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Factor Saving Innovation

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  • Boldrin, Michele
  • Levine, David

Abstract

It has been argued that concave models exhibit less ‘endogeneity of growth’ than models with increasing returns to scale. Here we study a simple model of factor saving technological improvement in a concave framework. Capital can be used either to reproduce itself, or, at some additional cost, to produce a higher quality of capital, which requires less labour input. If better quality capital can be produced quickly, we get a model of exogenous balanced growth as a special case of ours. If, however, better quality capital can be produced slowly, we get a model of “endogenous growth” in which the growth rate of the economy and the rate of adoption of new technologies is determined by preferences, technology and initial conditions. Moreover, in the latter case, the process of growth is necessarily uneven, exhibiting a natural cycle with alternating periods of high and slow growth. Growth paths and technological innovations also exhibit dependence upon initial conditions. The model provides a step toward a theory of endogenous innovation under conditions of perfect competition.

Suggested Citation

  • Boldrin, Michele & Levine, David, 2002. "Factor Saving Innovation," CEPR Discussion Papers 3262, C.E.P.R. Discussion Papers.
  • Handle: RePEc:cpr:ceprdp:3262
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    References listed on IDEAS

    as
    1. Boldrin, Michele & Levine, David K., 2008. "Perfectly competitive innovation," Journal of Monetary Economics, Elsevier, vol. 55(3), pages 435-453, April.
    2. Rebelo, Sergio, 1991. "Long-Run Policy Analysis and Long-Run Growth," Journal of Political Economy, University of Chicago Press, vol. 99(3), pages 500-521, June.
    3. Larry E. Jones & Rodolfo Manuelli, 1990. "A Convex Model of Equilibrium Growth," NBER Working Papers 3241, National Bureau of Economic Research, Inc.
    4. Jones, Larry E & Manuelli, Rodolfo E, 1990. "A Convex Model of Equilibrium Growth: Theory and Policy Implications," Journal of Political Economy, University of Chicago Press, vol. 98(5), pages 1008-1038, October.
    5. Prescott, Edward C, 1998. "Needed: A Theory of Total Factor Productivity," International Economic Review, Department of Economics, University of Pennsylvania and Osaka University Institute of Social and Economic Research Association, vol. 39(3), pages 525-551, August.
    6. Paul M. Romer, 1994. "The Origins of Endogenous Growth," Journal of Economic Perspectives, American Economic Association, vol. 8(1), pages 3-22, Winter.
    7. Lucas, Robert Jr., 1988. "On the mechanics of economic development," Journal of Monetary Economics, Elsevier, vol. 22(1), pages 3-42, July.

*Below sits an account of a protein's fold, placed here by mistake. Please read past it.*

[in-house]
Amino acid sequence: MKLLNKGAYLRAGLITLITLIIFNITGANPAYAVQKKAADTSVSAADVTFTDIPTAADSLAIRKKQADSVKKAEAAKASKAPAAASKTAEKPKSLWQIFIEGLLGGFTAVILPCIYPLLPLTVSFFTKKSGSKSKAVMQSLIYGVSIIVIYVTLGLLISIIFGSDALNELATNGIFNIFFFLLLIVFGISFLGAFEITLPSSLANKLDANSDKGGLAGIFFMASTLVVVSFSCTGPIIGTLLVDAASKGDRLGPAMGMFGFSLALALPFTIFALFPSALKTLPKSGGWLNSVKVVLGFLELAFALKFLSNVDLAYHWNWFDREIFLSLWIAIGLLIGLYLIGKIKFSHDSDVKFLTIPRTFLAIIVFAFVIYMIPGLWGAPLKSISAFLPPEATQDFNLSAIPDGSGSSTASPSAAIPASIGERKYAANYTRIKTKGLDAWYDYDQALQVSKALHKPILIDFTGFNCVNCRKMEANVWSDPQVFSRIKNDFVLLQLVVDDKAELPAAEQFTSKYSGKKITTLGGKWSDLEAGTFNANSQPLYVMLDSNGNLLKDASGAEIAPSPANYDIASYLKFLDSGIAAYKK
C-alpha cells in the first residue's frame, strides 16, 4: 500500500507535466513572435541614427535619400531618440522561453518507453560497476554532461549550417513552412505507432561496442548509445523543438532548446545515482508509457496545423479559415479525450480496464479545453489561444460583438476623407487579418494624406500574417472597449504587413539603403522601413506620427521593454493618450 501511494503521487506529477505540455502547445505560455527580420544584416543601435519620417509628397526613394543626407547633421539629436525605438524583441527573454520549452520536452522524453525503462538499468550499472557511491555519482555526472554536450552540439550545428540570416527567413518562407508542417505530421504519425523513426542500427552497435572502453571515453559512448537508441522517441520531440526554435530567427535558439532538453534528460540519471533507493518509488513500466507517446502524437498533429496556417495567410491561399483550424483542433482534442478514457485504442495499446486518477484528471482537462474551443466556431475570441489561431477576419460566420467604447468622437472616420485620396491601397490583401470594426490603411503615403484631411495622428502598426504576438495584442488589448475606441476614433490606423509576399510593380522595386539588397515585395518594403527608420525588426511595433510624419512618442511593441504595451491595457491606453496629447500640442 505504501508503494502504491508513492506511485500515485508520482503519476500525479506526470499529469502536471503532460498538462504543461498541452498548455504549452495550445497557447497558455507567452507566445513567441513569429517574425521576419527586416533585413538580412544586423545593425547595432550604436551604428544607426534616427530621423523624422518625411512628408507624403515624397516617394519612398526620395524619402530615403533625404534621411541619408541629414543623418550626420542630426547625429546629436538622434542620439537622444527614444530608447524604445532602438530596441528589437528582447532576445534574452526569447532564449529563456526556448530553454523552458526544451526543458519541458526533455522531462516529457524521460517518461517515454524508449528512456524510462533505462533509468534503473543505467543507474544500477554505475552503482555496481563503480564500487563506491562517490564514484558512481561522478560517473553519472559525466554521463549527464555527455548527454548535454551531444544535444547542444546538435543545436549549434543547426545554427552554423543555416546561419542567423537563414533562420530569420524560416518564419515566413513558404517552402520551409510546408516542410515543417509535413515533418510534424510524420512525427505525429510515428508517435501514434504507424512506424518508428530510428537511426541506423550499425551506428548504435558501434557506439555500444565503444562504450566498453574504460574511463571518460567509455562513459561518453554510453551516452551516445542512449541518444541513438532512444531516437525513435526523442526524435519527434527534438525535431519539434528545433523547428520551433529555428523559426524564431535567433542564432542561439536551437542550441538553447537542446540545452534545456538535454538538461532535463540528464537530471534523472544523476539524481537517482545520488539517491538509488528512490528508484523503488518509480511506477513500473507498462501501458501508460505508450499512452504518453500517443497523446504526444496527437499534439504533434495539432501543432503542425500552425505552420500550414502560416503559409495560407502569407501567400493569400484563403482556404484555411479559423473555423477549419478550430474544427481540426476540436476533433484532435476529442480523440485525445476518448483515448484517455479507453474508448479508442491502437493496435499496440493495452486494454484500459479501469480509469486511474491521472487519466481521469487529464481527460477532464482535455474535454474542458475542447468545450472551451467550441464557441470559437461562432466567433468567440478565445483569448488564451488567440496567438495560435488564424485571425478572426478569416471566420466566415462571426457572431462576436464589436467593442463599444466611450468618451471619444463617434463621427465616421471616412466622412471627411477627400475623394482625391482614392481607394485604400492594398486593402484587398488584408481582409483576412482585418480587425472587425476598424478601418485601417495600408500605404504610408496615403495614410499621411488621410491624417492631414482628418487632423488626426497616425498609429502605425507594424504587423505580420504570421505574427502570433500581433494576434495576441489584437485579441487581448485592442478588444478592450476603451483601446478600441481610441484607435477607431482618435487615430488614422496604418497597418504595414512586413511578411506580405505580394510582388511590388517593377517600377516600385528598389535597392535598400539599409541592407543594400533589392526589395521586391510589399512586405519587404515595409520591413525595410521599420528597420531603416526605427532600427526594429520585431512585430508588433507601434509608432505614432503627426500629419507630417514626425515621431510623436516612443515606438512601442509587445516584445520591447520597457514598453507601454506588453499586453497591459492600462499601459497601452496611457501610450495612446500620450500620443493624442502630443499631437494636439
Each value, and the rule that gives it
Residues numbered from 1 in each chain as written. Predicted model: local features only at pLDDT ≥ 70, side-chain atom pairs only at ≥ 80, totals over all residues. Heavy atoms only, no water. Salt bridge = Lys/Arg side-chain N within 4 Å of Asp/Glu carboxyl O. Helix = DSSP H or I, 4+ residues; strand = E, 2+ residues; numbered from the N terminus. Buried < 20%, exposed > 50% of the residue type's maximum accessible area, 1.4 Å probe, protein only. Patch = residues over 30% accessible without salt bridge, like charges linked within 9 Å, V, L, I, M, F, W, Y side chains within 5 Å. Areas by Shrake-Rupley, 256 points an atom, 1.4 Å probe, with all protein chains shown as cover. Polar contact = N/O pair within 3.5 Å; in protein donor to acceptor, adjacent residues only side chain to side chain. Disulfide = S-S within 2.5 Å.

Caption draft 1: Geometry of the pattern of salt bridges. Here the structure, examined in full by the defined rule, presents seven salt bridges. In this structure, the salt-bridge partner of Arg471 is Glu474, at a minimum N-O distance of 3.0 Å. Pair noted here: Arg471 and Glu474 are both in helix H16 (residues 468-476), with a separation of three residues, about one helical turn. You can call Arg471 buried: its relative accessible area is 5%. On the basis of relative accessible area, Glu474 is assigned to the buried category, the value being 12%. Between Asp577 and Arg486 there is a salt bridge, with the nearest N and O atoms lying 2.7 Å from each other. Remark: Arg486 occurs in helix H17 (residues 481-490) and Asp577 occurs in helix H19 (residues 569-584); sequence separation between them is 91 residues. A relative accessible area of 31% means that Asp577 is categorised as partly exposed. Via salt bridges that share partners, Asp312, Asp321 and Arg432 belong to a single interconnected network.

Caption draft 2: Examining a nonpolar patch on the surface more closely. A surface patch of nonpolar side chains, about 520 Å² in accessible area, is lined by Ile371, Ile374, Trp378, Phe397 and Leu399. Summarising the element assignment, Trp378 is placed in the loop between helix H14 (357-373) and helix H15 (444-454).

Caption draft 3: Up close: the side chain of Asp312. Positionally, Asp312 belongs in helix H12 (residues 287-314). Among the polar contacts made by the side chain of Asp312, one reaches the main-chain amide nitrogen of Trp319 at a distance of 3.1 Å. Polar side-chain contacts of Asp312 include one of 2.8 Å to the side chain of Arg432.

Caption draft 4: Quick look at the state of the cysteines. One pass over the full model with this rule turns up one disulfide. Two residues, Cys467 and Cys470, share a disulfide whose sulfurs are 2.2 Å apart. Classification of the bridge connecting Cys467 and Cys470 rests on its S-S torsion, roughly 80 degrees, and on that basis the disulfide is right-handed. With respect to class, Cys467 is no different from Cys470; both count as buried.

8. Romer, Paul M, 1990. "Endogenous Technological Change," Journal of Political Economy, University of Chicago Press, vol. 98(5), pages 71-102, October.
    Full references (including those not matched with items on IDEAS)

    More about this item

    Keywords

    aggregate productivity; choices and consequences; innovation and invention; measurement of economic growth; one; two and multisector growth models; processes and incentives; technological change;

    JEL classification:

    • D24 - Microeconomics - - Production and Organizations - - - Production; Cost; Capital; Capital, Total Factor, and Multifactor Productivity; Capacity
    • D51 - Microeconomics - - General Equilibrium and Disequilibrium - - - Exchange and Production Economies
    • O31 - Economic Development, Innovation, Technological Change, and Growth - - Innovation; Research and Development; Technological Change; Intellectual Property Rights - - - Innovation and Invention: Processes and Incentives
    • O33 - Economic Development, Innovation, Technological Change, and Growth - - Innovation; Research and Development; Technological Change; Intellectual Property Rights - - - Technological Change: Choices and Consequences; Diffusion Processes
    • O41 - Economic Development, Innovation, Technological Change, and Growth - - Economic Growth and Aggregate Productivity - - - One, Two, and Multisector Growth Models
    • O47 - Economic Development, Innovation, Technological Change, and Growth - - Economic Growth and Aggregate Productivity - - - Empirical Studies of Economic Growth; Aggregate Productivity; Cross-Country Output Convergence

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